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I'm having trouble parsing some text. Here's an example of the text:

   201 BBQ                 0.000    9.000    0.099    0.891    9.000    0.000    0.000    0.000

   705 W 1 PC              0.000  135.000    0.295   39.825    0.000    0.000  135.000    0.000

  2106 ONL 9.99           41.141    3.000    4.110   12.330    3.000    0.000    0.000   29.970

Here's the latest incarnation of the code I've been trying:

  objInfo = System.Text.RegularExpressions.Regex.Split(
    newLine,"(\d{3,5})|([0-9]+[.]+[0-9]+)|(\w*)")

I'm having trouble because I'm avoiding getting many blank spaces in the array after splitting. I'm trying to avoid using the optional | character but I get no results when I set it up without it!

I've spent much of the evening reviewing regular expressions and I've downloaded the following programs:

RegEx Designer.NET Antix RegEx Tester Expresso

I'm having trouble because the description contains a decimal point SOMETIMES and sometimes it doesn't. The description sometimes contains a whole number sometimes it doesn't.

My friend recommended I use awk to divide it into columns. The thing is...I teach a Community Education class with Visual Basic .Net and I need to improve my RegEx skills. Perhaps someone can give me some guidance so I can better help my students.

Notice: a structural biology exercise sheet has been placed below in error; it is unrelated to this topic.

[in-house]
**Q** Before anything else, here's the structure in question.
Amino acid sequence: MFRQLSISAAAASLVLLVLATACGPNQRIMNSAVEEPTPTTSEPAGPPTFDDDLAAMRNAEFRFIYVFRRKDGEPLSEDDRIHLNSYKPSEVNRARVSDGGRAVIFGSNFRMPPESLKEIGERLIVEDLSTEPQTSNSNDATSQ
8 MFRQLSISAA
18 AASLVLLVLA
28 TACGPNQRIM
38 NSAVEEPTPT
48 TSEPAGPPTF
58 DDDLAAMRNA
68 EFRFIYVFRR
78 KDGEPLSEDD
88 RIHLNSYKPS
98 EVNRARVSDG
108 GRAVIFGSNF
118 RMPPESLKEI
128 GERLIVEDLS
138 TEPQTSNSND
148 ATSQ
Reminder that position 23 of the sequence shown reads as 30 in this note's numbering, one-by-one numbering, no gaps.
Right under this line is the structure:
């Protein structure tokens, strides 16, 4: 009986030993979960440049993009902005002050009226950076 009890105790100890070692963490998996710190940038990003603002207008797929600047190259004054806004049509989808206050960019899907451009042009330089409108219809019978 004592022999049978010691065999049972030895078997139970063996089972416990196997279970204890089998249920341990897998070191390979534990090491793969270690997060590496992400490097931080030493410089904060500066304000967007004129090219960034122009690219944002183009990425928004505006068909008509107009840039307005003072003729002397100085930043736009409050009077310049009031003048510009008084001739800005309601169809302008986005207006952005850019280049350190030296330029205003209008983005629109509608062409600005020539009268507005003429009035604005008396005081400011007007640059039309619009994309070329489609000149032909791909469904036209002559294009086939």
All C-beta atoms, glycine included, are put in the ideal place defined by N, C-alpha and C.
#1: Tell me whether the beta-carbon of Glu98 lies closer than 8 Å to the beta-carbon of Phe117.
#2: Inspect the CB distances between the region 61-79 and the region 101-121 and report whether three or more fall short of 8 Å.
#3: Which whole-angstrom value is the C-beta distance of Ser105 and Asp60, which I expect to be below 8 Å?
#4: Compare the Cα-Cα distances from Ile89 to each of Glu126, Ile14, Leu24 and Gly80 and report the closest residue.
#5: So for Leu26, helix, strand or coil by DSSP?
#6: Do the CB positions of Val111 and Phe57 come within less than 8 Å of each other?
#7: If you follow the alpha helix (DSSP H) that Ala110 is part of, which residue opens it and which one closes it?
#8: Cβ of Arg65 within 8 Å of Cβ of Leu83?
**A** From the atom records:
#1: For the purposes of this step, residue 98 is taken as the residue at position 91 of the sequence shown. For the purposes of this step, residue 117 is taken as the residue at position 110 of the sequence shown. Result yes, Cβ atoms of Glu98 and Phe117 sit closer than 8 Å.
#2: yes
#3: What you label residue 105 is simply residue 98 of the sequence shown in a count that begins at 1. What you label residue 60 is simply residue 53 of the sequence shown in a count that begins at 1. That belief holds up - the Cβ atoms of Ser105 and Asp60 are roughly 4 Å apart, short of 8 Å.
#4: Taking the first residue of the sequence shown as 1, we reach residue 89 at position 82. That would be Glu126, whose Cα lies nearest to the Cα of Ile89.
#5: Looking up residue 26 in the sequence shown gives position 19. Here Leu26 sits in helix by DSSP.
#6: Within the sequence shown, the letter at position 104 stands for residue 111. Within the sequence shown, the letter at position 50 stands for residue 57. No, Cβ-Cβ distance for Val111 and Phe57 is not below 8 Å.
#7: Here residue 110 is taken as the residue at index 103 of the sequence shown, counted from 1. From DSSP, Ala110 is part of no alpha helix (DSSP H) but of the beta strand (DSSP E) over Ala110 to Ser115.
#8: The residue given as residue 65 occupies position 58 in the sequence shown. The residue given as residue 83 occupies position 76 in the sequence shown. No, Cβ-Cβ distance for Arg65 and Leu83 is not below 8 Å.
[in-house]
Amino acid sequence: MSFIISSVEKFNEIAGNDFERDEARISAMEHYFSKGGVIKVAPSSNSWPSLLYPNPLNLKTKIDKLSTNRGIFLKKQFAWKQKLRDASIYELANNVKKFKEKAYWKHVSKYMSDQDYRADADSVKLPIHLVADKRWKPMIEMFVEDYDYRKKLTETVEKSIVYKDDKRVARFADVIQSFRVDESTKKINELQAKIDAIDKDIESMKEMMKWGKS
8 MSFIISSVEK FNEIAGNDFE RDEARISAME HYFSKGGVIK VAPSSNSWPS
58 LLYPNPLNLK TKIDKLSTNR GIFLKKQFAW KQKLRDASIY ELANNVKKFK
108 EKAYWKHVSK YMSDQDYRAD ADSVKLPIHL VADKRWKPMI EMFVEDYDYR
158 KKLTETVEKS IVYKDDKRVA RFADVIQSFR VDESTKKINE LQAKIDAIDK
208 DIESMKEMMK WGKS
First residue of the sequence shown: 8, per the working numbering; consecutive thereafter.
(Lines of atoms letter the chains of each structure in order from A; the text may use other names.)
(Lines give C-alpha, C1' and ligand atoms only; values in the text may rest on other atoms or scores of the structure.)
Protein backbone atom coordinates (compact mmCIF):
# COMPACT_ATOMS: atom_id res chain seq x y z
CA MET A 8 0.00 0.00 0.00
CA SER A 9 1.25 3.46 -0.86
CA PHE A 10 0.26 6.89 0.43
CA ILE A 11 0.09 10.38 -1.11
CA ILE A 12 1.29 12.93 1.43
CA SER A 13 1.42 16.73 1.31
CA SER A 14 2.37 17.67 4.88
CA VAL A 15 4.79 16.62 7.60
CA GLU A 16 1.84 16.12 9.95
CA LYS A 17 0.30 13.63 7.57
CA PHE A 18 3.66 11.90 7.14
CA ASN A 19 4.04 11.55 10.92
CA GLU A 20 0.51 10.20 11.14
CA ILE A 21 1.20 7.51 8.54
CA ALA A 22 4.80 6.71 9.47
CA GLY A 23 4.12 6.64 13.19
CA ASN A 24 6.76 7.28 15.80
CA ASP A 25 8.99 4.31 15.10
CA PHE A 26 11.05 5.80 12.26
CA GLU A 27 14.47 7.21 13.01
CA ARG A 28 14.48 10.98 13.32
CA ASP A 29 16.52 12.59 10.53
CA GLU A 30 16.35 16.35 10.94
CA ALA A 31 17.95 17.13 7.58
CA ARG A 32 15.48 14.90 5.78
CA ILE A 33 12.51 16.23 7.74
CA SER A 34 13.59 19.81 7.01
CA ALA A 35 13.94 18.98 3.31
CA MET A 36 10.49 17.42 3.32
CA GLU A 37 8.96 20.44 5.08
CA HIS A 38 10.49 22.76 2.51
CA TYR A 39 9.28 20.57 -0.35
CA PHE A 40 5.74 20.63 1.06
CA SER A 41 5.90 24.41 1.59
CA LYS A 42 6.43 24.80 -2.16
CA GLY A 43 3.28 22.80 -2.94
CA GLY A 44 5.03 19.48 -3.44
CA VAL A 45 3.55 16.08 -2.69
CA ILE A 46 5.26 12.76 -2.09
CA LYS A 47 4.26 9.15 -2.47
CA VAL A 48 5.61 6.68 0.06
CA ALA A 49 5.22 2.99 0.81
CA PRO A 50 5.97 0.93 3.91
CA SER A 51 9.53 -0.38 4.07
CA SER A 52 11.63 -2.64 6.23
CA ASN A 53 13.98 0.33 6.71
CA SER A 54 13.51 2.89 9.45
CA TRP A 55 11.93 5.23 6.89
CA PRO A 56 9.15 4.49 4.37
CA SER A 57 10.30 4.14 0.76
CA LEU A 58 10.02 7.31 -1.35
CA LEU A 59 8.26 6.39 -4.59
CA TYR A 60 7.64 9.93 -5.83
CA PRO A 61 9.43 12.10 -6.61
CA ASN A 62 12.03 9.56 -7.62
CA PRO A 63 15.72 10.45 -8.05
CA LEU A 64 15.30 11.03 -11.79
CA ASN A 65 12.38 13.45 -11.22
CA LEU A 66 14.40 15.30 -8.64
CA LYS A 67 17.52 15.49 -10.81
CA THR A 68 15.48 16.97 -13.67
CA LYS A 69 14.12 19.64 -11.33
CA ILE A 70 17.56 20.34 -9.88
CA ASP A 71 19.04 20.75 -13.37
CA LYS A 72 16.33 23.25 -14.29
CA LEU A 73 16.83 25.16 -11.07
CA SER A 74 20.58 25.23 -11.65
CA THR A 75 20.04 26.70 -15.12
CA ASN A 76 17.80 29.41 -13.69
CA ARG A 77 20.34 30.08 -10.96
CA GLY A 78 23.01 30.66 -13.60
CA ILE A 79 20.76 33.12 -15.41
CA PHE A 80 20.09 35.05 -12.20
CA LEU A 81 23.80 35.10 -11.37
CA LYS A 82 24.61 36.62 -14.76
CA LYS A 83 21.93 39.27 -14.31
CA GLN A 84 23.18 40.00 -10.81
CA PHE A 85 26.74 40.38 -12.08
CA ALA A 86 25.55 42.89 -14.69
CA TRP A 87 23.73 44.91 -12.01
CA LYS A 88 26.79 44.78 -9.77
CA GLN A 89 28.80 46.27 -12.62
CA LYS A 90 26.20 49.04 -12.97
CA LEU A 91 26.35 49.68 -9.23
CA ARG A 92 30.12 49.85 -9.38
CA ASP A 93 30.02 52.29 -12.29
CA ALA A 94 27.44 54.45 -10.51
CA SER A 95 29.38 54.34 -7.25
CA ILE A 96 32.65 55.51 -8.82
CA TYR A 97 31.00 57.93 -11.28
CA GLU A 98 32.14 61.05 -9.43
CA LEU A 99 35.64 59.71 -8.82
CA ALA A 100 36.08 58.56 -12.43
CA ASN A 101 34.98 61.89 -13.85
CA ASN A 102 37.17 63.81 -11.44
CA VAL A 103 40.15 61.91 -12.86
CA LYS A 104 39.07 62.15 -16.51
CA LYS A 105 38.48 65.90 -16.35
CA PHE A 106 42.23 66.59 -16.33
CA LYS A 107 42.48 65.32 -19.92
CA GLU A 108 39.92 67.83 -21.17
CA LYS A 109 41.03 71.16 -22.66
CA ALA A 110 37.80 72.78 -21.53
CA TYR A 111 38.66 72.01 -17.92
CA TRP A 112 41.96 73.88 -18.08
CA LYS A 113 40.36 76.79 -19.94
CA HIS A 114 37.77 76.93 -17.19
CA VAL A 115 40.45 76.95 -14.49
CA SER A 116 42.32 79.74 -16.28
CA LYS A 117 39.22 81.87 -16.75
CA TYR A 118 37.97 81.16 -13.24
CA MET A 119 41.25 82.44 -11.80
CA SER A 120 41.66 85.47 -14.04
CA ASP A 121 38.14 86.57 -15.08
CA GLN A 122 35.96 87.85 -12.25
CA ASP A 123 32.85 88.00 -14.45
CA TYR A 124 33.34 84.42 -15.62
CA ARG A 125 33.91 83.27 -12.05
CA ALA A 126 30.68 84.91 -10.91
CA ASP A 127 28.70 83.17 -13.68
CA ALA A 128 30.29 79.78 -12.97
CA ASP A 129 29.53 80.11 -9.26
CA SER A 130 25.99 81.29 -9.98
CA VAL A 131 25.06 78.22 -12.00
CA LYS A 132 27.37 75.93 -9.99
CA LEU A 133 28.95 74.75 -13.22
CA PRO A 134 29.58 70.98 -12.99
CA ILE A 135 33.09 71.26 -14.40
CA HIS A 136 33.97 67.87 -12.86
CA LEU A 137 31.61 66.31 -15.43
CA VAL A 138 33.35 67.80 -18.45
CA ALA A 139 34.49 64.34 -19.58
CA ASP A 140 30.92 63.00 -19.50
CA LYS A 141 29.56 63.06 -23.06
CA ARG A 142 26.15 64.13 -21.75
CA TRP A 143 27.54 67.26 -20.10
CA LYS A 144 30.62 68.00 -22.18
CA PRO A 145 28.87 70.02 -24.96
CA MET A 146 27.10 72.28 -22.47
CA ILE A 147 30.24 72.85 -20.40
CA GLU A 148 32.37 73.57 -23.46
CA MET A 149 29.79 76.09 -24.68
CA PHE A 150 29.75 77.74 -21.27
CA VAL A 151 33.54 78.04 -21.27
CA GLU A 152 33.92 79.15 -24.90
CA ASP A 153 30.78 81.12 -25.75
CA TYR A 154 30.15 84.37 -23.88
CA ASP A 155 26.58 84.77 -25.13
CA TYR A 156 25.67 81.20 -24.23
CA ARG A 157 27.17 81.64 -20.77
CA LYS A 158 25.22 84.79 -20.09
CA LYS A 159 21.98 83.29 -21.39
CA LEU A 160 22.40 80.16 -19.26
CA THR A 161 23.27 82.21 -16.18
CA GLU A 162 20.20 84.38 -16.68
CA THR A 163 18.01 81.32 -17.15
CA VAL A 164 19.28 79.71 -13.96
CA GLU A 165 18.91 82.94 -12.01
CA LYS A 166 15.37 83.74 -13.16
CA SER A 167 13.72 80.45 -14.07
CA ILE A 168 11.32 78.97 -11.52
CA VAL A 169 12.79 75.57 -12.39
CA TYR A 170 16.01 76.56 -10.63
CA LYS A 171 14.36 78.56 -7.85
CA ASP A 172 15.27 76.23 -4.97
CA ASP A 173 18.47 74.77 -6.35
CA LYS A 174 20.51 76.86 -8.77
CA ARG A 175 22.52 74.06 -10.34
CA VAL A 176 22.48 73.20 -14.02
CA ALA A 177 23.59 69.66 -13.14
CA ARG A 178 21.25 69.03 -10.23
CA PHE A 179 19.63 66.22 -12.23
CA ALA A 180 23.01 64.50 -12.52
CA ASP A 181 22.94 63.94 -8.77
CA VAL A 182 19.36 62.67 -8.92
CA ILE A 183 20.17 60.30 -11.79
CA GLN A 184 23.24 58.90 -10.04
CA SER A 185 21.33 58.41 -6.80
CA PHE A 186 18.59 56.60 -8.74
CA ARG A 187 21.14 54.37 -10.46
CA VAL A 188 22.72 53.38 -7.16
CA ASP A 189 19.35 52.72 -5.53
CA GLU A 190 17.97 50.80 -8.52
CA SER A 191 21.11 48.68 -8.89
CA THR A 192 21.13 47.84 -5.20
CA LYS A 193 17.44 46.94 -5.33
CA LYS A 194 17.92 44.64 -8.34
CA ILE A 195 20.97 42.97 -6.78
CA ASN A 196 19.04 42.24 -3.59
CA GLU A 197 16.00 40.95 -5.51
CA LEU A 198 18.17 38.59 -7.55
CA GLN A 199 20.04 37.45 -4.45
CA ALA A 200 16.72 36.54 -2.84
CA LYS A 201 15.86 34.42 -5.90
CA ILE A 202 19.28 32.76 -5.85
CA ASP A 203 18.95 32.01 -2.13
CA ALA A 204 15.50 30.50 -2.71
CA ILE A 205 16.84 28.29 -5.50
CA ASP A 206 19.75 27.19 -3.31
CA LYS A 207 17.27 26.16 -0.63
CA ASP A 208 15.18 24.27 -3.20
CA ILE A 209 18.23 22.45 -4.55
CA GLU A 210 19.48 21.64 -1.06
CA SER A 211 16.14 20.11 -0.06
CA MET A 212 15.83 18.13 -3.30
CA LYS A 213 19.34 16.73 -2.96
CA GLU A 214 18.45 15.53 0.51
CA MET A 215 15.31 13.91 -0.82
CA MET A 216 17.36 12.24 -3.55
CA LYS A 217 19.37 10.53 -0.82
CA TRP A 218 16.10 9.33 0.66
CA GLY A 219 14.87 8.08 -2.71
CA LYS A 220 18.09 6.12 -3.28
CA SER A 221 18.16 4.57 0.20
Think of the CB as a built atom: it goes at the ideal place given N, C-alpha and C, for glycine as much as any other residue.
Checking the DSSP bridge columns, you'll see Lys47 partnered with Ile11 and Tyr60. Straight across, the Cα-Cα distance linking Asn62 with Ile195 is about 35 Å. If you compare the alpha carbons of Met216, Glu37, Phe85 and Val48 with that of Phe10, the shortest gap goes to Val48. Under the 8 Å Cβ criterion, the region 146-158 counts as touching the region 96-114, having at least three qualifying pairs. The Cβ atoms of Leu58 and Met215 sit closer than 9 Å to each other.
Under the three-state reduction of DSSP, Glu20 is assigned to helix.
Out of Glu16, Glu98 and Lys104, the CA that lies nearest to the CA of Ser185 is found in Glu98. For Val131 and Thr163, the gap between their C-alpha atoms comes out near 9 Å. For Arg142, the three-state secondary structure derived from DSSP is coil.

share|improve this question
    
What's the goal of this exercise? –  Dean Pucsek Nov 7 '10 at 7:46
    
You have a lot of filler text in your question, but you forgot to mention some important details. For example: Will you always have 8 columns of decimals? How are the columns separated? (if they are tab-separated, you can use newLine.Split('\t') What is the expected output? –  Kobi Nov 7 '10 at 7:53
    
No, they aren't tab separated. The expected output is the data entered into a database. –  Miamian Nov 7 '10 at 7:58
    
The last 8 columns are decimals. –  Miamian Nov 7 '10 at 7:58

1 Answer 1

up vote 2 down vote accepted

Since you know the number of columns, you can start by reading 8 decimals from the end of the line, and take the rest as the title. You can avoid a regex, but here's a simple solution with one:

Match match = Regex.Match(line, @"^(.*)((?:\d+\.\d+\s*){8})$");
string title = match.Groups[1].Value.Trim();
IEnumerable<decimal> numbers = match.Groups[2].Value
    .Split(" \t".ToCharArray(), StringSplitOptions.RemoveEmptyEntries)
    .Select(Convert.ToDecimal);

The regex captures two groups: ((?:\d+\.\d+\s*){8})$ is eight decimals at the end, and (.*) is the start of the sting until them. If you have extra decimals, as your third example, they will be added to the title.

Similarly, you may choose a non-regex solution (actually, this one is better if you don't mind losing a few spaces at the title):

string[] words = line.Split(" ".ToCharArray(),
                            StringSplitOptions.RemoveEmptyEntries);
int position = words.Count() - 8;
IEnumerable<decimal> numbers = words.Skip(position).Select(Convert.ToDecimal);
string title = String.Join(" ", words.Take(position));
share|improve this answer
    
Oh - this is all C#, but should translate to VB.NET easily enough :) –  Kobi Nov 7 '10 at 11:37

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